and ventured across the surface of the dresser
craning their necks at perfume-bottle towers
shitting themselves before the great changing digits
of the clock


so paranoid about the scratches on my neck
that appeared in the morning
approximating little punctures
that we called the bedbug dog
when he emerged from the carrier
I looked at him
said hi to the handler
aren’t you going to say hi to the dog
oh I thought I wasn’t supposed to interact
nah man, go ahead
all good, they left, the scratches had been my own doing
I flipped through a magazine
Debbie Harry in a camisole
“Dreaming” plays in the titles of The Deuce
a song about a subject who knows
she’s a subject
used in a tv series
about the relationship of pleasures
to the systems that provide and regulate them
in a time when those systems
however violent and enormous
were at least still visible
I’ll have a cup of tea


how many ironic epigrams
have I written
in imitation of writers who once impressed me so much
what really did those gentile sensibilities have to do with me?
there’s blood and dirt
on the pages of my summer notebook
because I’m anxious
and like to stretch out on the ground
although the ground makes me really anxious
here it’s just a broken old road
cobblestones the grass and weeds slowly swallow
I doubt another civilization
will come along to sweep these layers away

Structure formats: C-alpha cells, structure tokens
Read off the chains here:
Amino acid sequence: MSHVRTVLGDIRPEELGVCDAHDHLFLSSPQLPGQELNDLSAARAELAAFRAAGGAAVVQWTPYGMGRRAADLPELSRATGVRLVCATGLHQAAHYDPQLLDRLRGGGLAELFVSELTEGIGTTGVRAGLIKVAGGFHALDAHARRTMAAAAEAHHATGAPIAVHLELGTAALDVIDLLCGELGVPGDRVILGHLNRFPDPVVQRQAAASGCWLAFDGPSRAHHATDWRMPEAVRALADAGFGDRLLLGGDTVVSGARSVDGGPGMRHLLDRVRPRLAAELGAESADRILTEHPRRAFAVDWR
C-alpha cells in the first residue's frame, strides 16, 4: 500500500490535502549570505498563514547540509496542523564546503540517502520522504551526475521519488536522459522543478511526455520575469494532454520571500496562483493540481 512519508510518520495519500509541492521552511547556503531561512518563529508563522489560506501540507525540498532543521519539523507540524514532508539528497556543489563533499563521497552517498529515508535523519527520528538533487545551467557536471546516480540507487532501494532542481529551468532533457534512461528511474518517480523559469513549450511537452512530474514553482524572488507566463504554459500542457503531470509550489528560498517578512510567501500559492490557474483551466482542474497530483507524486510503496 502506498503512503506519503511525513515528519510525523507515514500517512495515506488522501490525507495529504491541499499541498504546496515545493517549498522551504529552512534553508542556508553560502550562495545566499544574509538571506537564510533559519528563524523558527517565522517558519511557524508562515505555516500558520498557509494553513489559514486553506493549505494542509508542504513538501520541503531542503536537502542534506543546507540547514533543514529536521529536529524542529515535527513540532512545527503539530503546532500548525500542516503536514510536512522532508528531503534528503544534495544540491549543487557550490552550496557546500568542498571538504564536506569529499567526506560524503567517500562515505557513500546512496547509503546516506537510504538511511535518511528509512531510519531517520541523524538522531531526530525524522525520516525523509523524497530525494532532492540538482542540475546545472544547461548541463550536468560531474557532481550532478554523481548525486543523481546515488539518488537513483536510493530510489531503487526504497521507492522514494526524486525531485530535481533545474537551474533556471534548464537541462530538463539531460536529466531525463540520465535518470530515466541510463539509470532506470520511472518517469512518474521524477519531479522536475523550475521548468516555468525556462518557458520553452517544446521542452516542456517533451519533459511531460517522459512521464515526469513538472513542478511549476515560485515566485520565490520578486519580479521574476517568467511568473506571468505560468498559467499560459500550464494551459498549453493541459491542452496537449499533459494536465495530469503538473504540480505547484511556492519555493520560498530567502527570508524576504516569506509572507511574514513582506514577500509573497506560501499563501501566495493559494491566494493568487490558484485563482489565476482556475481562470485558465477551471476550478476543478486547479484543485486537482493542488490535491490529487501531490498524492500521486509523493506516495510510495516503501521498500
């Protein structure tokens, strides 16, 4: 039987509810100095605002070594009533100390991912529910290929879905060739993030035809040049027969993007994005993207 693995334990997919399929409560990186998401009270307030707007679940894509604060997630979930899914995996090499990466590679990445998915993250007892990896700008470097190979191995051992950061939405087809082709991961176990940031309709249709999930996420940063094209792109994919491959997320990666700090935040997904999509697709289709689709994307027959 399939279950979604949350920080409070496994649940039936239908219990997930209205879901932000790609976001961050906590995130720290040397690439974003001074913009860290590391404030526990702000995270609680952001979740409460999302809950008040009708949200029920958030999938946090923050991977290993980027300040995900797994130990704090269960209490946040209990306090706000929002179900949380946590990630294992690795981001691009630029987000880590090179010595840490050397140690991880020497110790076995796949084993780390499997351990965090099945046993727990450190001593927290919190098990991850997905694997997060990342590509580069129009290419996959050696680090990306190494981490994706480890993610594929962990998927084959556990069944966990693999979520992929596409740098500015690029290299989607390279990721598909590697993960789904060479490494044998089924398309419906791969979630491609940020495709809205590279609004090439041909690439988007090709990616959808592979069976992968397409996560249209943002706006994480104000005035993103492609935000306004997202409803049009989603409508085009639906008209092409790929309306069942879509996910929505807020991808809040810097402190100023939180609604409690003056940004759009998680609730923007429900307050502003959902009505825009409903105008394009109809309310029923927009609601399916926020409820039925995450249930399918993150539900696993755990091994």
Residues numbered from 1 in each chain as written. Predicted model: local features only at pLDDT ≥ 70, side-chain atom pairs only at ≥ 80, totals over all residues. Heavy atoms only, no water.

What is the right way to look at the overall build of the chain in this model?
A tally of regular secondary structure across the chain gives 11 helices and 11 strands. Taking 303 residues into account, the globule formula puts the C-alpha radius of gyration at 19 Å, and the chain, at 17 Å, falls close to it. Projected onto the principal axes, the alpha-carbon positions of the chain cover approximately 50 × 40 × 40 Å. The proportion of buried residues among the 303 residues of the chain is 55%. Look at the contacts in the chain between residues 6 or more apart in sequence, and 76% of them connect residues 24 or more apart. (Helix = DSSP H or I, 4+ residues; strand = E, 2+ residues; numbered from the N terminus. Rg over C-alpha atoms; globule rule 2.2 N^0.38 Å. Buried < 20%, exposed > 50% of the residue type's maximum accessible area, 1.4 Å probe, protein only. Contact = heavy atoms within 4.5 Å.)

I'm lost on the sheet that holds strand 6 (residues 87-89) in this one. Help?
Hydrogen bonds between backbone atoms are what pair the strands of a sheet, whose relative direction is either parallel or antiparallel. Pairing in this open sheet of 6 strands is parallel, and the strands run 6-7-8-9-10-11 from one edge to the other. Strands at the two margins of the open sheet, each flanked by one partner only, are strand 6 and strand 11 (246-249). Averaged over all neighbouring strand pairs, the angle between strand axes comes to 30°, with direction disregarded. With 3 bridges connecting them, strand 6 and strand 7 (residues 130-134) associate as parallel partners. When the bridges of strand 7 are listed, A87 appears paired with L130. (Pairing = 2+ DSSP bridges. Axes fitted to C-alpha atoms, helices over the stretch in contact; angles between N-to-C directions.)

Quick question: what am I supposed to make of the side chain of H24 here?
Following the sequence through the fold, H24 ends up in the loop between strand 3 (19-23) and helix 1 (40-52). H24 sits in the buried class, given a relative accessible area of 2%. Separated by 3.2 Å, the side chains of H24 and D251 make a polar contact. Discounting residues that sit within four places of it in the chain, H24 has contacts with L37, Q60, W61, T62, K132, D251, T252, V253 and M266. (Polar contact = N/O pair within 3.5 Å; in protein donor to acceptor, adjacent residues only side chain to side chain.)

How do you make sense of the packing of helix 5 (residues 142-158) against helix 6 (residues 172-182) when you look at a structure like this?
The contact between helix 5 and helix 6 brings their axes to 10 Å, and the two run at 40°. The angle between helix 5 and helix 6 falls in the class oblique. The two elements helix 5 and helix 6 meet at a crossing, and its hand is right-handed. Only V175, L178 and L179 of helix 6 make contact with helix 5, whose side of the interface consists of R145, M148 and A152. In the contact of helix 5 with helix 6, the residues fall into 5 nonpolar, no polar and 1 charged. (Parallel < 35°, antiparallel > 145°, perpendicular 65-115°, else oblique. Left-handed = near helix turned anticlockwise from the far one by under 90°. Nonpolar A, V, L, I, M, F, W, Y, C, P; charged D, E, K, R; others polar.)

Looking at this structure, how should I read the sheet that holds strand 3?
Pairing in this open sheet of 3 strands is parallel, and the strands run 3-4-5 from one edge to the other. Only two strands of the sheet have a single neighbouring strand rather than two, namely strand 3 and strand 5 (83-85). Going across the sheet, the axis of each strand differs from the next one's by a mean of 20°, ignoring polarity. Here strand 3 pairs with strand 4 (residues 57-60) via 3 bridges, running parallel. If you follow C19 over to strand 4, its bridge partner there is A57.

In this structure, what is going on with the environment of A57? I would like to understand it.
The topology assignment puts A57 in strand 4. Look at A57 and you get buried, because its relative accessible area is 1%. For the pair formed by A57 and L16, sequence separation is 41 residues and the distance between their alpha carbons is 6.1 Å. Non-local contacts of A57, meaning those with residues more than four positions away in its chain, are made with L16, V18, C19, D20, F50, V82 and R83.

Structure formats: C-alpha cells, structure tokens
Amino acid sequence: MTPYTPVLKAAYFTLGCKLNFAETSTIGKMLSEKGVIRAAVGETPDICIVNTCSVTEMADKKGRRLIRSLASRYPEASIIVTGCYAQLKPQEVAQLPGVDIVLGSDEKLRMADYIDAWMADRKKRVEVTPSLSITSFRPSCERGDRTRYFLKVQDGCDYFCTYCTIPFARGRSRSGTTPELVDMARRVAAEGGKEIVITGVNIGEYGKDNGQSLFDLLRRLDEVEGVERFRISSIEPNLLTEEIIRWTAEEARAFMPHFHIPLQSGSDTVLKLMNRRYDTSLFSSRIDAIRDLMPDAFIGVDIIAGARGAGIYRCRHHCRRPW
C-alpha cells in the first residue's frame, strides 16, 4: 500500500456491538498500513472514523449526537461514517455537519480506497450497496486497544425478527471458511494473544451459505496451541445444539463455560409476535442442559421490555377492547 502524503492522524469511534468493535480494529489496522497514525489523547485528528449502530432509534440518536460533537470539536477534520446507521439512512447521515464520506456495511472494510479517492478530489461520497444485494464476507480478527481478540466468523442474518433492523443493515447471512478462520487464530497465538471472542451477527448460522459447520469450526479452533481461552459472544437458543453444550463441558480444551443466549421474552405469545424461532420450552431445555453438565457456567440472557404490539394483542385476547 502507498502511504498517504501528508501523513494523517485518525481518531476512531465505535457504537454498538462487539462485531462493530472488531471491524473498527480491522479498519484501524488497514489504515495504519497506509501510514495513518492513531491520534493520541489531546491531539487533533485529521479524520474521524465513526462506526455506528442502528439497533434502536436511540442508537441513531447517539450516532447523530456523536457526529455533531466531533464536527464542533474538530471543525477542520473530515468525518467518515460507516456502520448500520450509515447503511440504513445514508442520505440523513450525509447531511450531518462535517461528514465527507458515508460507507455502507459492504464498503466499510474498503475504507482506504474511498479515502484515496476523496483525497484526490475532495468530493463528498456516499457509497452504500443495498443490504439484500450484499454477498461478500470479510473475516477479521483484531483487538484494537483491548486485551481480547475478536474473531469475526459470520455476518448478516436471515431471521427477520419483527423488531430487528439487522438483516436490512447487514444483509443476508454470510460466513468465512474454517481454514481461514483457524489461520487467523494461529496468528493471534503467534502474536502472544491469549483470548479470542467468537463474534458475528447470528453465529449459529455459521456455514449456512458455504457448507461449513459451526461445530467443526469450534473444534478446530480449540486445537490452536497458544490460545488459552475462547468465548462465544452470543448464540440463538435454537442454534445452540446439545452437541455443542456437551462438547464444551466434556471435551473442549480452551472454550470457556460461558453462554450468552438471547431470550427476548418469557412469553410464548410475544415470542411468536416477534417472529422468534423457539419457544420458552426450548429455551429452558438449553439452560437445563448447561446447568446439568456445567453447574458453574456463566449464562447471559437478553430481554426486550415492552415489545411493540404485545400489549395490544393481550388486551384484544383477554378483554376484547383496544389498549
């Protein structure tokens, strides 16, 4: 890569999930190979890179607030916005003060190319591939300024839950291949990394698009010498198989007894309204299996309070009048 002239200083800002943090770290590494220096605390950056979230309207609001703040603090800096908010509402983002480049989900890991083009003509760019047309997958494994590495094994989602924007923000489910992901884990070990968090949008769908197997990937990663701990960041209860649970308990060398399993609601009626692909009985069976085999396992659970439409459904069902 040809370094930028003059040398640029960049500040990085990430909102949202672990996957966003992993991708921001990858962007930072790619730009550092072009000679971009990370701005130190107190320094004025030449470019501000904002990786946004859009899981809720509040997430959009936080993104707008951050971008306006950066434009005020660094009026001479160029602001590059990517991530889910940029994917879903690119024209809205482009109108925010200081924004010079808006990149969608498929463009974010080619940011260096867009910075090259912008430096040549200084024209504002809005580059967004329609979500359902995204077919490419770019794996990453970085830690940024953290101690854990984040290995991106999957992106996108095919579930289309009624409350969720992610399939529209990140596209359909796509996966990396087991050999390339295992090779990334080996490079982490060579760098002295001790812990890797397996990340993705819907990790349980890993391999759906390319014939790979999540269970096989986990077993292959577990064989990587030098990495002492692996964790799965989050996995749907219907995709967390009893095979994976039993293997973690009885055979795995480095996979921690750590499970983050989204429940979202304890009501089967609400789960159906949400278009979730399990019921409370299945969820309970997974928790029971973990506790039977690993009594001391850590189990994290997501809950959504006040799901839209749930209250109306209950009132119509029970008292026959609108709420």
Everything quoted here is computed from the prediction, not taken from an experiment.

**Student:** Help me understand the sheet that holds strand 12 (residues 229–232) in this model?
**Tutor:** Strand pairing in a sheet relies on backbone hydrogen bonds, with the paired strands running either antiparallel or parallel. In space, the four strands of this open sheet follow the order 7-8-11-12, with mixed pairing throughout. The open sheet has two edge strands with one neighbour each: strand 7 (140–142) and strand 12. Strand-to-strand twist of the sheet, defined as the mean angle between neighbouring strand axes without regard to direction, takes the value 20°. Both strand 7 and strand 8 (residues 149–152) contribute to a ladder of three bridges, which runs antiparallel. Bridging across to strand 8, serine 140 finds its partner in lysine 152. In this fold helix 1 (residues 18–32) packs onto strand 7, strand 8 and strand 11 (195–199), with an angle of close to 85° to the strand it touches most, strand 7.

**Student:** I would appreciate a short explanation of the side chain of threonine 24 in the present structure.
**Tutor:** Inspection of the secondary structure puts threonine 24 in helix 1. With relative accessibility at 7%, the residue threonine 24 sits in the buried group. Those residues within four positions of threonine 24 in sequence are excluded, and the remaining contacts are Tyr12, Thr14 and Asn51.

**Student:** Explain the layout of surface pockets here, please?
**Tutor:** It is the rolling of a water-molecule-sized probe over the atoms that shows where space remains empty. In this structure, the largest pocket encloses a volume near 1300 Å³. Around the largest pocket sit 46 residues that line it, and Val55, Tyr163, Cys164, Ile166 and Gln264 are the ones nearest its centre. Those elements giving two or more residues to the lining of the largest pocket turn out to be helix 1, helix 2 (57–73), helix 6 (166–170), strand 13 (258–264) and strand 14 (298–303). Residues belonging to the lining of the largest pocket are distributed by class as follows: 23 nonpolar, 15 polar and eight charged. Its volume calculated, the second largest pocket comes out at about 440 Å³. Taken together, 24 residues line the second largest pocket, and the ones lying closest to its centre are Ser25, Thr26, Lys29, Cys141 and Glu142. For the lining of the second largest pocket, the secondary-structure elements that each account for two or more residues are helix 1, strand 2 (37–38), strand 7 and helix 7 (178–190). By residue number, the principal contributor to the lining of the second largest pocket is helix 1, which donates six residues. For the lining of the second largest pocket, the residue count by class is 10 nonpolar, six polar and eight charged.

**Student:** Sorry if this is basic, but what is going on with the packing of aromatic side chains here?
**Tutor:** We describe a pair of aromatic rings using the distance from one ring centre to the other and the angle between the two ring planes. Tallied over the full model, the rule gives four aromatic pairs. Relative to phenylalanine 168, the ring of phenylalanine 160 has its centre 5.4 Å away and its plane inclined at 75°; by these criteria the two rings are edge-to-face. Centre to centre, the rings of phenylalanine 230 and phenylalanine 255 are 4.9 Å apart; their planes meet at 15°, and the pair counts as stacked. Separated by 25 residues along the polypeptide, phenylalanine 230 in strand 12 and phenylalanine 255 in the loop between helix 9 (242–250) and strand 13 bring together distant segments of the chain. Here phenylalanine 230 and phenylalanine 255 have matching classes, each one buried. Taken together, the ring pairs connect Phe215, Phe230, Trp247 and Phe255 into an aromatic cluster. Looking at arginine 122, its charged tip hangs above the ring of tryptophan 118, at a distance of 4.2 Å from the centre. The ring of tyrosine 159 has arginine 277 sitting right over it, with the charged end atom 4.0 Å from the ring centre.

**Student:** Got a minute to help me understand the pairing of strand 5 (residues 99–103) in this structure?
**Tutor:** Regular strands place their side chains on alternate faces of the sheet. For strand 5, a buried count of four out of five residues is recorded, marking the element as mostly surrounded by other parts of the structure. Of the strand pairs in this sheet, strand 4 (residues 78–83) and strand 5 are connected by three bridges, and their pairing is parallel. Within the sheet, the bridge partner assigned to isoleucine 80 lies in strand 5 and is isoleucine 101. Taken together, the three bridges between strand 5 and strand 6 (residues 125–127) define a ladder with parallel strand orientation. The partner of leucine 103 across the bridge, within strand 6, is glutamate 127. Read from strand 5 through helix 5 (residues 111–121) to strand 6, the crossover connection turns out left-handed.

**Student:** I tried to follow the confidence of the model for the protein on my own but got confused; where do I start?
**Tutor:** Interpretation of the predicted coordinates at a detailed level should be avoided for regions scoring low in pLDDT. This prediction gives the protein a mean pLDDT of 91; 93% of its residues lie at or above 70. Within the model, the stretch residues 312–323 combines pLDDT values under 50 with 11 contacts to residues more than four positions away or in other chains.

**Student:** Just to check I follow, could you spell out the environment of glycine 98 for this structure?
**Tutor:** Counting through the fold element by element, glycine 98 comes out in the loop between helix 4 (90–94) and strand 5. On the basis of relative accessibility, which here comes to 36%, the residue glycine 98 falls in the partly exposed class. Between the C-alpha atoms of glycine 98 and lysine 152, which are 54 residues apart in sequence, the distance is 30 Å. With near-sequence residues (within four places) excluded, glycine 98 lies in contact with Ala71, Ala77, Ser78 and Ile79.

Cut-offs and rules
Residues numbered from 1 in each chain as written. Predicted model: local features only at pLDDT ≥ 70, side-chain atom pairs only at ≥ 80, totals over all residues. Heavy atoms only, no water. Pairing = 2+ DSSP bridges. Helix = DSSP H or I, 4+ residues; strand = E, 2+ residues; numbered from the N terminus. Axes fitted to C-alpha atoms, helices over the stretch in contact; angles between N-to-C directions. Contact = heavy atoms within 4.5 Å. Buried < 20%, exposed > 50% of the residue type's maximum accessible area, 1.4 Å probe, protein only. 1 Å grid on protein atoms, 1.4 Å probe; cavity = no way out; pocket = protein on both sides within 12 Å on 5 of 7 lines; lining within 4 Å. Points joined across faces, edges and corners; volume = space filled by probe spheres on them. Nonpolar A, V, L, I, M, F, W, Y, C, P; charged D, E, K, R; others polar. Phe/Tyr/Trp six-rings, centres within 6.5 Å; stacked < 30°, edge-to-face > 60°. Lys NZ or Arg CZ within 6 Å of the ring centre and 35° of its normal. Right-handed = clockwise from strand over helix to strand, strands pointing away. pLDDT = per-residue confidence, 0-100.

it’s too late to read some of the volumes
I might have finished
back in the day when I could plow through anything
I let myself reread a Sebald
because John told me without shame he’d read it nine times
the book says Thomas Browne wrote
time itself grows old
one of those novels you finish and turn the page
half-expecting to find another chapter


in fact the bookstore was suddenly crowded with friends’ books
like the moon had gone through its phases
and those of us who’d been holding onto the face
as it waned completely found ourselves tumbling into the void


the last lazy person
but I try to look busy
we don’t like weakness, that hydra
my legendary thirst
drinking alone
emptying bottles
as fast as they can fill them up
all I want is to eat without ceremony
waste my flesh, retaining only what’s utterly vital
the wire without the paper
could I somehow age into enough money
to do nothing but wander cities
reading historical placards
disclosing harrowing episodes to strangers
photographing train platforms and graves
on the walk home
find an apple in my pocket
it’s the season and I’m not stupid
I know which stand sells the ones
whose first bite is like a gulp of wine
just as the sourdough
I’ll toast in the morning
is practically beer
Bushwick, a headlight’s ominous wink
I wish I’d told that guy at the bar, listen pal
that cigar is getting put out
are you going to do it, or am I going to have to?
would the cops, after, have taken one look
at me and Dia, and laughed?


it was around this time
having realized that none of my friends
ever seemed to consort with anyone
outside their social class
(I mean they all knew one very rich person